Thursday, September 18, 2014

Review: King of Asgard - Karg

Since their formation in 2008, the Swedish Vikings known as King of Asgard have had a considerable amount of hype surrounding them. Originally formed as a three piece, the band later incorporated an additional guitarist in 2010; just after the release of their debut album, Fi'mbulvintr. The release received a good response from both critics and fans, which mildly tapered off come their second installment, ...To North in 2012. Now ready for their next bi-annual release, King of Asgard have issued their third full-length, Karg.

Genre: Melodic Death Metal, Viking Metal
Release Date: July 22nd, 2014
  1. The Runes of Hel
  2. The Trickster
  3. Highland Rebellion
  4. Remnant of the Past
  5. Omma
  6. The Heritage Throne
  7. Huldran
  8. Rising
  9. Total Destruction (Bonus Track)
Total Playtime: 50 minutes, 09 seconds





Rating: 7.5/10




Since their formation in 2008, the Swedish Vikings known as King of Asgard have had a considerable amount of hype surrounding them. Originally formed as a three piece, the band later incorporated an additional guitarist in 2010; just after the release of their debut album, Fi'mbulvintr. The release received a good response from both critics and fans, which mildly tapered off come their second installment, ...To North in 2012. Now ready for their next bi-annual release, King of Asgard have issued their third full-length, Karg.

Karg starts off on the wrong foot by stomping all over the toes of fellow Asgardians, Amon Amarth. "The Runes of Hel" and "The Trickster" are pure worship tracks that give the listener an immediate adverse mindset towards the content, by being completely filled with the normal Amon Amarth compound of palm muted riffs, double bass drumming, tremolo filled chorus patterns. In fact, "The Trickster" may very well be confused with "Fate of Norns" at some point. If these songs were introduced later into the album, they may not have such a negative impact, but unfortunately for King of Asgard this is not the case. The band eventually make up for their careless two-track rip off, but it's not an easy mistake to forgive, being presented so early.

The rest of the content is pretty original, and it causes the listener to feel lost in a dreary, grey-skied, snow-filled region that has been long forgotten by man. "Highland Rebellion", though not overly impressive, is the first chance that the audience receives to witness the imaginativeness of the band; the track has a boisterous main riff that's made up of a few notes and comes with a slow, mood setting solo. A lot of the load utilizes the ever-so-useful palm muted riff and double bass drum fillers, all which are available in a variety of patterns and gallops. However, the further the material progresses the more enthralling it becomes, by "Total Destruction" the listener will find their Viking cravings fulfilled.


The bass guitar stands out lucidly during the album, often finding itself towering over the riffs of the rhythm guitar with thunderous booms. "Remnant of the Past" has quite a few bass only sections that show off its rocky sound, while "The Heritage Throne" gives rebirth to a traditional folk incantation through a bass driven lead. When it's not focusing on palm muted riffs, the rhythm guitar finds itself simply accentuating the bass, reverse of the standard expectation; "Huldran" is a great example of this innovative framework. Both the rhythm and lead guitar find themselves wrapped up in a generalized distortion, which further sinks Karg into the realm of regular Viking metal; King of Asgard may find it beneficial to add a more differentiating tone to their guitars in the future.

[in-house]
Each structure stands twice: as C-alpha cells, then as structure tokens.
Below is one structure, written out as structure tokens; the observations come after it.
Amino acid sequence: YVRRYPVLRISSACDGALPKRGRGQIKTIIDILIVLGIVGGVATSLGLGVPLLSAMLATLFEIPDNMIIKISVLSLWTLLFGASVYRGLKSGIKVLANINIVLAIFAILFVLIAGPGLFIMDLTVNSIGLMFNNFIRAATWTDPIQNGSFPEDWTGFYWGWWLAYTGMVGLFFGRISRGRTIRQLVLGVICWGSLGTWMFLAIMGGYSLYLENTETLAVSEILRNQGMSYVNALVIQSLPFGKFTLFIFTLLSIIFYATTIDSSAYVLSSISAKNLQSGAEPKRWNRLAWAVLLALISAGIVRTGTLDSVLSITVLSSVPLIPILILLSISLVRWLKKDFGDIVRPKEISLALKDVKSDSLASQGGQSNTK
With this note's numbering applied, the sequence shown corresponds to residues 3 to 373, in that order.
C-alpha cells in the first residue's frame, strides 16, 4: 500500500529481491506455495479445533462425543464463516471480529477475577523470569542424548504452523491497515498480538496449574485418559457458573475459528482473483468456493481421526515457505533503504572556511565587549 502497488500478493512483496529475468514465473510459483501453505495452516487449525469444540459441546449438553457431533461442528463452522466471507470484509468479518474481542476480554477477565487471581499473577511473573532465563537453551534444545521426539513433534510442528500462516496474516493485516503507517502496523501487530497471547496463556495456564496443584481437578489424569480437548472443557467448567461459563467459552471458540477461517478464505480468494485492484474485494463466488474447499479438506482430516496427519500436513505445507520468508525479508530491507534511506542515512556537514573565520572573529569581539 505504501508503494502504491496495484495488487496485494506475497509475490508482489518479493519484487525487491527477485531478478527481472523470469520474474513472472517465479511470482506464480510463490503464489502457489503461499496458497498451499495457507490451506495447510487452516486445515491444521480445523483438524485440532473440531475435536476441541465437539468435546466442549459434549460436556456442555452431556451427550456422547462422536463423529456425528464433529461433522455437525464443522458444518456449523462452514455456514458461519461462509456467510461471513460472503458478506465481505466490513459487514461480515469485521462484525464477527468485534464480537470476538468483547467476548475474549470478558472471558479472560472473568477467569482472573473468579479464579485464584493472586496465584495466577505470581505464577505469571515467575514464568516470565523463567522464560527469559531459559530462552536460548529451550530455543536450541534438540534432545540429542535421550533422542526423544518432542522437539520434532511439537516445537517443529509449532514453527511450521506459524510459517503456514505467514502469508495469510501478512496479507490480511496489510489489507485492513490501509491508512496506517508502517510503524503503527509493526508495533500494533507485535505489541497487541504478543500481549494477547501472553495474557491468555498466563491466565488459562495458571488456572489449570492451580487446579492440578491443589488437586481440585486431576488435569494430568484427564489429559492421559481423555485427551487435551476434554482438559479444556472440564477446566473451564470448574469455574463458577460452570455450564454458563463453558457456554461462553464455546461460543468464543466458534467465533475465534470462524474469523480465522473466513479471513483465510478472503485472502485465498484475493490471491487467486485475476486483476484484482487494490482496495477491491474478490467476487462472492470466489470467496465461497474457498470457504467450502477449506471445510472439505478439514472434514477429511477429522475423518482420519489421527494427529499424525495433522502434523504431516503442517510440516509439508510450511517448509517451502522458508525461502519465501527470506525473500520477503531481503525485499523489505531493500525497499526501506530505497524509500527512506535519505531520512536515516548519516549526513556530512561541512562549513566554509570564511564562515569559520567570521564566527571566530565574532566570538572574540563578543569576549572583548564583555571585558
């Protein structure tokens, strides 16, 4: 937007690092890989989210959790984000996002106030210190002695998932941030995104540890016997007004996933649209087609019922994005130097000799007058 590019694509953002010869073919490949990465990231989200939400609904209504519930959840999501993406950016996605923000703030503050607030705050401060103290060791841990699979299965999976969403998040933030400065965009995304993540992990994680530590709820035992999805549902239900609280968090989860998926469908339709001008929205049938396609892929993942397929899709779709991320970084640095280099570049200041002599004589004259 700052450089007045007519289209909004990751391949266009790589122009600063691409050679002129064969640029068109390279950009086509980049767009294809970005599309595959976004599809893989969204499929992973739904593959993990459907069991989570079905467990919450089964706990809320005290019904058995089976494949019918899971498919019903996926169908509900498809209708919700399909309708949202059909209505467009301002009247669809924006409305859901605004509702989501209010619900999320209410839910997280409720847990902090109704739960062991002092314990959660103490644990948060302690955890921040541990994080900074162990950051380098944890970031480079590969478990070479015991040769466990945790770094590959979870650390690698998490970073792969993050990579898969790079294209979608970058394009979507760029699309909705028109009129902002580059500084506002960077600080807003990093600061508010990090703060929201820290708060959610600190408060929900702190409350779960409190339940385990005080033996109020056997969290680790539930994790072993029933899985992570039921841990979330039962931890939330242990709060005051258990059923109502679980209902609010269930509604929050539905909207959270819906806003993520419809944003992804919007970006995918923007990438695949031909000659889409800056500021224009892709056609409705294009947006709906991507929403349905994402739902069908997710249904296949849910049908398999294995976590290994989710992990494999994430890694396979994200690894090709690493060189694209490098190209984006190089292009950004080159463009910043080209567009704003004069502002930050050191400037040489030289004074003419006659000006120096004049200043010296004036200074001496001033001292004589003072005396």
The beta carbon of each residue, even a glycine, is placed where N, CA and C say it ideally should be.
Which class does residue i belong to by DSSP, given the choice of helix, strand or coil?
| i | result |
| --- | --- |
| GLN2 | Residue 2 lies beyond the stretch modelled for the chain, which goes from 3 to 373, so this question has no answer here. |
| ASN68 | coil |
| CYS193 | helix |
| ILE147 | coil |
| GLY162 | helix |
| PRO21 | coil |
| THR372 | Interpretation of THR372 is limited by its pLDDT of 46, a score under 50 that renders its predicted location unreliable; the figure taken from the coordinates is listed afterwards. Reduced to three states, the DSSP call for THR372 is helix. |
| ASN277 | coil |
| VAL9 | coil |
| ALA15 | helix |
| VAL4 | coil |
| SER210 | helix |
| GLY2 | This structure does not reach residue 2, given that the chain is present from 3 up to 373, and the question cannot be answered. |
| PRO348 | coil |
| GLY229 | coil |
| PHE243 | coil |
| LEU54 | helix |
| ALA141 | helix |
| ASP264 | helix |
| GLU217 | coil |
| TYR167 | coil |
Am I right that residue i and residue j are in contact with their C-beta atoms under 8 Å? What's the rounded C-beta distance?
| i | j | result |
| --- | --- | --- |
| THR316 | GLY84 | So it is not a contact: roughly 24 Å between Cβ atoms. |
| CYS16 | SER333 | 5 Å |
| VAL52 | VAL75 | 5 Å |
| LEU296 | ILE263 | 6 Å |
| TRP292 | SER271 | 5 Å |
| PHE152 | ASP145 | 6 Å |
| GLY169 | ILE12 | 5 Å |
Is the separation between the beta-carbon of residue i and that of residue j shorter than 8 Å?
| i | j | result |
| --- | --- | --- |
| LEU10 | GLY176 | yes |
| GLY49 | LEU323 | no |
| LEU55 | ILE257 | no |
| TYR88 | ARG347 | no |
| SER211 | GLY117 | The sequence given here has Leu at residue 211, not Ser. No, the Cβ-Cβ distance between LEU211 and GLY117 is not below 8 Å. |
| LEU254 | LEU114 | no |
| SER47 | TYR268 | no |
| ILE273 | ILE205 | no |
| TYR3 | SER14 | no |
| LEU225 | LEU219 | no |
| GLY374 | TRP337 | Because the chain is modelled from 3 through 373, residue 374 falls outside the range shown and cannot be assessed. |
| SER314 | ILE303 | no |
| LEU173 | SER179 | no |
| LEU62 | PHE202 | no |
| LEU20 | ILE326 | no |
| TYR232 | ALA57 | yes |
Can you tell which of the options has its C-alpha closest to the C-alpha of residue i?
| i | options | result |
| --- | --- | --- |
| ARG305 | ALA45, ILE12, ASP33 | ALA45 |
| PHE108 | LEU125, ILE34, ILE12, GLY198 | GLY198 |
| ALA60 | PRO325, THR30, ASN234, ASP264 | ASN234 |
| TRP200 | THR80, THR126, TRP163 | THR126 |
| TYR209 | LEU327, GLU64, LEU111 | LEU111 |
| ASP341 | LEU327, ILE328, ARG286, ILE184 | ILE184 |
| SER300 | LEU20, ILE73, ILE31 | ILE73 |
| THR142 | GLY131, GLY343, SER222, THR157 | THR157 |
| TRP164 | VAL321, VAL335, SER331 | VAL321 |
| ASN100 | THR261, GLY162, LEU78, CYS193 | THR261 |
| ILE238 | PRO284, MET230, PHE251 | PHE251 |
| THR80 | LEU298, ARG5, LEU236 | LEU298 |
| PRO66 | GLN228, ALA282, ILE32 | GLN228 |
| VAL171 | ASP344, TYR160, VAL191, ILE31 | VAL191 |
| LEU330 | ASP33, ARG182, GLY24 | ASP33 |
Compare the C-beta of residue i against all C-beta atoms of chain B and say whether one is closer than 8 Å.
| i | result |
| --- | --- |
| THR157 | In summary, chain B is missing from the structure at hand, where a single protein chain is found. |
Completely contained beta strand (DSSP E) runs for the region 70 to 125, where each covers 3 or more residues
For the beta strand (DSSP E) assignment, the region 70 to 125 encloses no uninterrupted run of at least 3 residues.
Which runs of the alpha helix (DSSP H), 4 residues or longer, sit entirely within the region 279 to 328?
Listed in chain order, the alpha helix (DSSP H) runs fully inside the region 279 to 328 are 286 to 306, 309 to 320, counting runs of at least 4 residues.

A couple of additional tracks worth a mention are "Omma" and "Total Destruction". The ritualistic "Omma" begins with a clean piano, and then the song starts into an entrancing, distorted alternate picking which is backed by tribal drum patterns. Overall the track stays at a slow pace, and the chants that lay just beneath the surface are eeriely soothing. On the other hand, "Total Destruction" is a stampedeing, blackened track that takes on a low-grade production quality; a feature that's completely different from the rest of the release. The vocals during this song find themselves enveloped in an echo, and each element pushes the boundaries of their aggressiveness; proving that King of Asgard are able to create a barbaric war anthem.

Even though Karg begins by emulating the mock-up of Amon Amarth, the album eventually transforms into a unique piece. Though King of Asgard still have some honing to do in order to perfect their craft, they are on the right path in doing so. The mood of their material is gray and cold, with visions of snow and epic battles flowing through the mind. The inclusion of traditional folk rhythms during "Omma" really brings the time period of their subject matter to life. However, the dreary tone and distortion of both the lead and rhythm guitars suck life out of the material; along with the repetitive drum patterns that tend to fall back on double bass filler. The album doesn't live up to the immense hype that has surrounded it, bu it's still a solid listen for those who love their Norse Paganism.

Digital Download Provided by: Metal Blade Records

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